Cloud native architectures bring with them myriad challenges, among them understanding how much it will all cost.
“I don’t think anyone has this down to a hard science with dollar figures” so far, Joe Beda, chief technology officer and co-founder of Kubernetes container integration vendor, Heptio, previously told The New Stack in reference to microservices.
The startup Replex, however, is focused on taming the costs of Kubernetes.
“With the adoption of Kubernetes, people are using it on large systems with hundreds, sometimes thousands of systems involved. Large enterprises try to use multicloud providers to deploy their workloads. The benefit of Kubernetes is that it is transportable across multiple cloud providers and they can start leveraging the cloud providers against each other. But at the same time, they lose transparency into cost and cost allocation especially,” said Patrick Kirchhoff, CEO and cofounder.
With Kubernetes, there’s a new abstraction layer between the infrastructure and the actual workload, the container.
“Let’s say you have 100 EC2 instances at Amazon and you have a large Kubernetes cluster on top of it, and you have five or six software teams within your organization that deploy on this cluster, it’s hard to tell exactly who spent what. To allocate the cost of teams, applications, it’s hard to optimize it because it’s not obvious who’s consuming what,” he said.
The decentralization of IT, which he considers a good thing because now developers are more autonomous, means they can deploy the infrastructure on their own. But they always over-specify capacity because they don’t want to run into trouble in production. So they always ask for more CPU, RAM and other resources on than needed, so they’re wasting a lot of capacity, even more than the operators before them, he said.
The configuration of container sizes poses particular challenges, said CTO and cofounder Costantino Lattarulo.
“In legacy infrastructure or cloud, you had maybe an [one] instance you could maybe not right-size. …Now there’s a lot more containers that you specify the size of, so there’s a lot more wasted resources or idle resources that can occur,” he said.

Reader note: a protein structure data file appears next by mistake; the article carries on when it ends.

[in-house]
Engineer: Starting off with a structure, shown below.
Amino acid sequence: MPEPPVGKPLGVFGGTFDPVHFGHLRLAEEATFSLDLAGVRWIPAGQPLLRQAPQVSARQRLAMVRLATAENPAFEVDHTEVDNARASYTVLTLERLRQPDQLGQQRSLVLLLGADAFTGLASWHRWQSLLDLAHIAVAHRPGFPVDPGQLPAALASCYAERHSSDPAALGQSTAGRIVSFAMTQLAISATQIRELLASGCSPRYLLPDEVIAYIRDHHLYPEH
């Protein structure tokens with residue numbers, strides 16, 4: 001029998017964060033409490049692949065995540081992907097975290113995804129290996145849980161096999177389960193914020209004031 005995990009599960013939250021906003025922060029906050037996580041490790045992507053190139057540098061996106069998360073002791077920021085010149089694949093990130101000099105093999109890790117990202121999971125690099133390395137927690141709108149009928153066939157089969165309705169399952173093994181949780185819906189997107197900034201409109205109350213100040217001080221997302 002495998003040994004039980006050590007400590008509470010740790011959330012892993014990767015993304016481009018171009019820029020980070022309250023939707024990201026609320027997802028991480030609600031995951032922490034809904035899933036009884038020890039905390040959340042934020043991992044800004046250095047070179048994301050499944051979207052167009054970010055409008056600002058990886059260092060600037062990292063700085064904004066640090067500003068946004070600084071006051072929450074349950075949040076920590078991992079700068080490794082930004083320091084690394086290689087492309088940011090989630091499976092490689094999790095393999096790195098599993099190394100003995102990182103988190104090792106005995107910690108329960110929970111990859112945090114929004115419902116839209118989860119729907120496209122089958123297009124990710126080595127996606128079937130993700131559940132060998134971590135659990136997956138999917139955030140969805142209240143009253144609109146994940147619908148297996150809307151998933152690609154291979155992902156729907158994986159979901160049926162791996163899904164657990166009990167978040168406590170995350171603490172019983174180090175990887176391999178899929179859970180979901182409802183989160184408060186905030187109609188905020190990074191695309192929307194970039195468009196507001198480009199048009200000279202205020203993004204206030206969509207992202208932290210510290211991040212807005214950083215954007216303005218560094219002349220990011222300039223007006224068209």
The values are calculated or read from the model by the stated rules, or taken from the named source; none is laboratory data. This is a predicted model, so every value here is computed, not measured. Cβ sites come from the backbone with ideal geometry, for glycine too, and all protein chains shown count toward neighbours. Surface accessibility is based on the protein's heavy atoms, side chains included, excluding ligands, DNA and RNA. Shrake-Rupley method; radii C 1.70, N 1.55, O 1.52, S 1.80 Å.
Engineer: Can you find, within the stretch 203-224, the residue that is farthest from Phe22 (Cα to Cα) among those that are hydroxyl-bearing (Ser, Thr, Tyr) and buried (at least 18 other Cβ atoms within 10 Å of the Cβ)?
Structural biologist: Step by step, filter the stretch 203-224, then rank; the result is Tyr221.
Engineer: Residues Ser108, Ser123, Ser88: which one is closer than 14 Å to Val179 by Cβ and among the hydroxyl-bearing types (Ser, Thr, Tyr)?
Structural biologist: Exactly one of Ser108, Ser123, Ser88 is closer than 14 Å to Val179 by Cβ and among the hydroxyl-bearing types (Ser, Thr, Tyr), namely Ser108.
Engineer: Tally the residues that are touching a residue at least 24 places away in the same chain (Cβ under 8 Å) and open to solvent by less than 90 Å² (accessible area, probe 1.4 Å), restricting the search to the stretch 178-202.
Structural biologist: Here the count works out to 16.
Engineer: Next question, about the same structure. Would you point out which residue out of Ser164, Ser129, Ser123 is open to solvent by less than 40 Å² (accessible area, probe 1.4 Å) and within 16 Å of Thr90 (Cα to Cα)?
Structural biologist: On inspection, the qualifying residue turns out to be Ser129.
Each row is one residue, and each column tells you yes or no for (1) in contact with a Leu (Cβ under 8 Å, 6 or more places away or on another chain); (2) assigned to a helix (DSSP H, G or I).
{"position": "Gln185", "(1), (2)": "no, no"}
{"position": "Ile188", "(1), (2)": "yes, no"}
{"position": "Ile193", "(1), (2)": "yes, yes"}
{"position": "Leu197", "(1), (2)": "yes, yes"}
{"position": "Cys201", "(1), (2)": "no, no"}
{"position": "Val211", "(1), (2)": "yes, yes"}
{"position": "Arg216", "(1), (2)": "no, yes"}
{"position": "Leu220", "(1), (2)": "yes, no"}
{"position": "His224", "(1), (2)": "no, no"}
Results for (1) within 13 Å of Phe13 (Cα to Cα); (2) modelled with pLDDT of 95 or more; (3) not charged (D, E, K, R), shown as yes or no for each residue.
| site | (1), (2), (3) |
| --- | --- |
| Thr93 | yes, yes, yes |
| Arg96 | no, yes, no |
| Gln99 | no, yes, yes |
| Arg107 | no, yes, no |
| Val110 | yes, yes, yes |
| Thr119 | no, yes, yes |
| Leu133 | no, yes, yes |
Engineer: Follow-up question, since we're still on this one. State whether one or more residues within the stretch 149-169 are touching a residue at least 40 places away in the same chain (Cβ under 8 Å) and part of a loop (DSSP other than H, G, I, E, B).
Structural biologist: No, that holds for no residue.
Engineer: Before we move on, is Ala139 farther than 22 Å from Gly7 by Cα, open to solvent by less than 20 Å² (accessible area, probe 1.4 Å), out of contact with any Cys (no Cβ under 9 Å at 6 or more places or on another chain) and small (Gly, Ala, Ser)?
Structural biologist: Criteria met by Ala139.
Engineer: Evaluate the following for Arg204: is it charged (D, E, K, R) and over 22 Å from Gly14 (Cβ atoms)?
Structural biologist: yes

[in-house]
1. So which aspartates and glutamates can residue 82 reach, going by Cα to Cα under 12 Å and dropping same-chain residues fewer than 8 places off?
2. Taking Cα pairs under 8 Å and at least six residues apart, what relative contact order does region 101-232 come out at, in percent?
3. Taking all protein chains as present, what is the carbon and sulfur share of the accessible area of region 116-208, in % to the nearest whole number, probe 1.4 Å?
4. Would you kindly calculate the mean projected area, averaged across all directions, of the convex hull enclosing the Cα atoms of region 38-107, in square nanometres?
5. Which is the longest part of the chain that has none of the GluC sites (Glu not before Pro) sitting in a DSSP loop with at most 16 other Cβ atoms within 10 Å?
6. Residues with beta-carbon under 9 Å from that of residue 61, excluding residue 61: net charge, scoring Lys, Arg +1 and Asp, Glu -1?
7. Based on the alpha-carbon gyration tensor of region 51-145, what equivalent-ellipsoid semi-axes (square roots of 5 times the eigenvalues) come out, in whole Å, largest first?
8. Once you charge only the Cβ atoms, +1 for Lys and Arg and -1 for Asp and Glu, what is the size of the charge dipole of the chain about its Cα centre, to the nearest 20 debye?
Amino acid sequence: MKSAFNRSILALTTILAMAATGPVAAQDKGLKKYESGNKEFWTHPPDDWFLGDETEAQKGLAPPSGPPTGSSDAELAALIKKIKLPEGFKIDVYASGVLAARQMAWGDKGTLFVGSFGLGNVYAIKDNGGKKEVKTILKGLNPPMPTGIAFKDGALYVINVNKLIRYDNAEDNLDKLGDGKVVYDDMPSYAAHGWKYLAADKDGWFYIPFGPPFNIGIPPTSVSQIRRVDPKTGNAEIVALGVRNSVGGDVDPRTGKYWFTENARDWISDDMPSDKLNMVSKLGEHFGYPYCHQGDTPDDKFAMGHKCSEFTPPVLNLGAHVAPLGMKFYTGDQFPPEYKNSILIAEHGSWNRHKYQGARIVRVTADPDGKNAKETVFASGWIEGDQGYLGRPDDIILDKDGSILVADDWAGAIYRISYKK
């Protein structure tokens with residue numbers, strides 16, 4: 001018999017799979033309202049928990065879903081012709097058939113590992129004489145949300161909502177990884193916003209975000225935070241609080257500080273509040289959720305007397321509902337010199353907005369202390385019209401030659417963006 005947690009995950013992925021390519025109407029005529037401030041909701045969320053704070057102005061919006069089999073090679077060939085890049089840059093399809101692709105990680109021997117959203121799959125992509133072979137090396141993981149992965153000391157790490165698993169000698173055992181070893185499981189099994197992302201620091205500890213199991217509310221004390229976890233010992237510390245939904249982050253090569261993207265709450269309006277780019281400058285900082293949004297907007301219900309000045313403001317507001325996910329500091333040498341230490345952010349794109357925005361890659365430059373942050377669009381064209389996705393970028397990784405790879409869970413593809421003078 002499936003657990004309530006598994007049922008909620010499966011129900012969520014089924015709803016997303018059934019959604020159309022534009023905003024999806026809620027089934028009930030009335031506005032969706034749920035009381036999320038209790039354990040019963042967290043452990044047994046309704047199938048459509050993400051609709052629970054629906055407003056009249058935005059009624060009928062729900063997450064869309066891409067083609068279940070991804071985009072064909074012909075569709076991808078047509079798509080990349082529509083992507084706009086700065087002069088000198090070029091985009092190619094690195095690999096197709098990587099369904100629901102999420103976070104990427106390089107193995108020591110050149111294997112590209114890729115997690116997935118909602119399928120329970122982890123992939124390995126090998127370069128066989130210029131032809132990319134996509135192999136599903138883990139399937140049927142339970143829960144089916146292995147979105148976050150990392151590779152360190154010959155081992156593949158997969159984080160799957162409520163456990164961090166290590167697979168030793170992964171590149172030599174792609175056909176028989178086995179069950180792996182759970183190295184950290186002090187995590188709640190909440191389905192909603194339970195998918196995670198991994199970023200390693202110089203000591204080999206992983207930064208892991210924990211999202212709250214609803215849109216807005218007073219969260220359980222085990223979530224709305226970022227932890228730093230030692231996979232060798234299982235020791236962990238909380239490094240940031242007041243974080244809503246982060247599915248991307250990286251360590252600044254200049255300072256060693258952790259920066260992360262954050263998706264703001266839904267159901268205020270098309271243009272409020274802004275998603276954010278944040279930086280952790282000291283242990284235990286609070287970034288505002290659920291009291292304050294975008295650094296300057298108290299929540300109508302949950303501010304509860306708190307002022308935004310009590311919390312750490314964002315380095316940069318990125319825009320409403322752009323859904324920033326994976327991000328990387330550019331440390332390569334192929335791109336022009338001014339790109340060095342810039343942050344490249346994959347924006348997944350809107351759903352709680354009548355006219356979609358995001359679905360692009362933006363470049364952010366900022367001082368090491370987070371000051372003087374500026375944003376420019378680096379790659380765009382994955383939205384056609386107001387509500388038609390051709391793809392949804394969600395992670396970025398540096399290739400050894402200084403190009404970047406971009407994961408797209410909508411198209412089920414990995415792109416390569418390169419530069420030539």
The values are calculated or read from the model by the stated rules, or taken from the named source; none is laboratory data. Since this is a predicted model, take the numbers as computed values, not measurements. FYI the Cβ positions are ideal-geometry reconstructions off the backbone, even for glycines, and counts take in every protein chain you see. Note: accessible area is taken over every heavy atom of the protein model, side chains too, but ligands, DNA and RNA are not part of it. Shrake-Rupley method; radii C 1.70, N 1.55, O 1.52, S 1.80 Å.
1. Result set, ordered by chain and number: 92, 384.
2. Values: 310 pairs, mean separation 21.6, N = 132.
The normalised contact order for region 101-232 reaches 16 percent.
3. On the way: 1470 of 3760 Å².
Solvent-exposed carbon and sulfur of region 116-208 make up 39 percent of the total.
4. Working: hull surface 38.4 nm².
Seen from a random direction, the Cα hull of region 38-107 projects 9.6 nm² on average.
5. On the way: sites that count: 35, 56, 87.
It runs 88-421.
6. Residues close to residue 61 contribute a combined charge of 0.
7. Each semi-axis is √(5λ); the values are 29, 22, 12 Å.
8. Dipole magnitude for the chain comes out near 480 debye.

“Developers request the size of pods and containers, the limits for containers and there’s a lot more idle resources. They don’t have insight into how much is actually idle, and that’s where we try to engage them with dashboards where they can actually see how many resources they have idling and how they can adjust this,” he said.
The German co-founders have established the company’s headquarters in San Francisco. Its customers include startups like marketing technology firm Exactag and mobile advertising company Vungle, as well as a global footwear company and a major retailer based in the United States. Using Replex, customers have been able to save as much as 30 percent in cloud costs, the company says.
It approach involves collecting data from the systems, an optimization engine, visualization and reporting. You can use your own scripts to gather data from physical servers, cloud instances, virtual machines and more. You also can connect to other third-party data sources through its REST API.
“We connect to all cloud providers through APIs to get information about the cloud instances. We connect to the Kubernetes clusters as well. We pull historical metrics from Prometheus as well as other data sources if they are available that contain time-series information like historical CPU and utilization. Then we correlate it. We analyze whether the pod configuration is the right size and provide information on how to shrink or increase the pod size,” Kirchhoff said.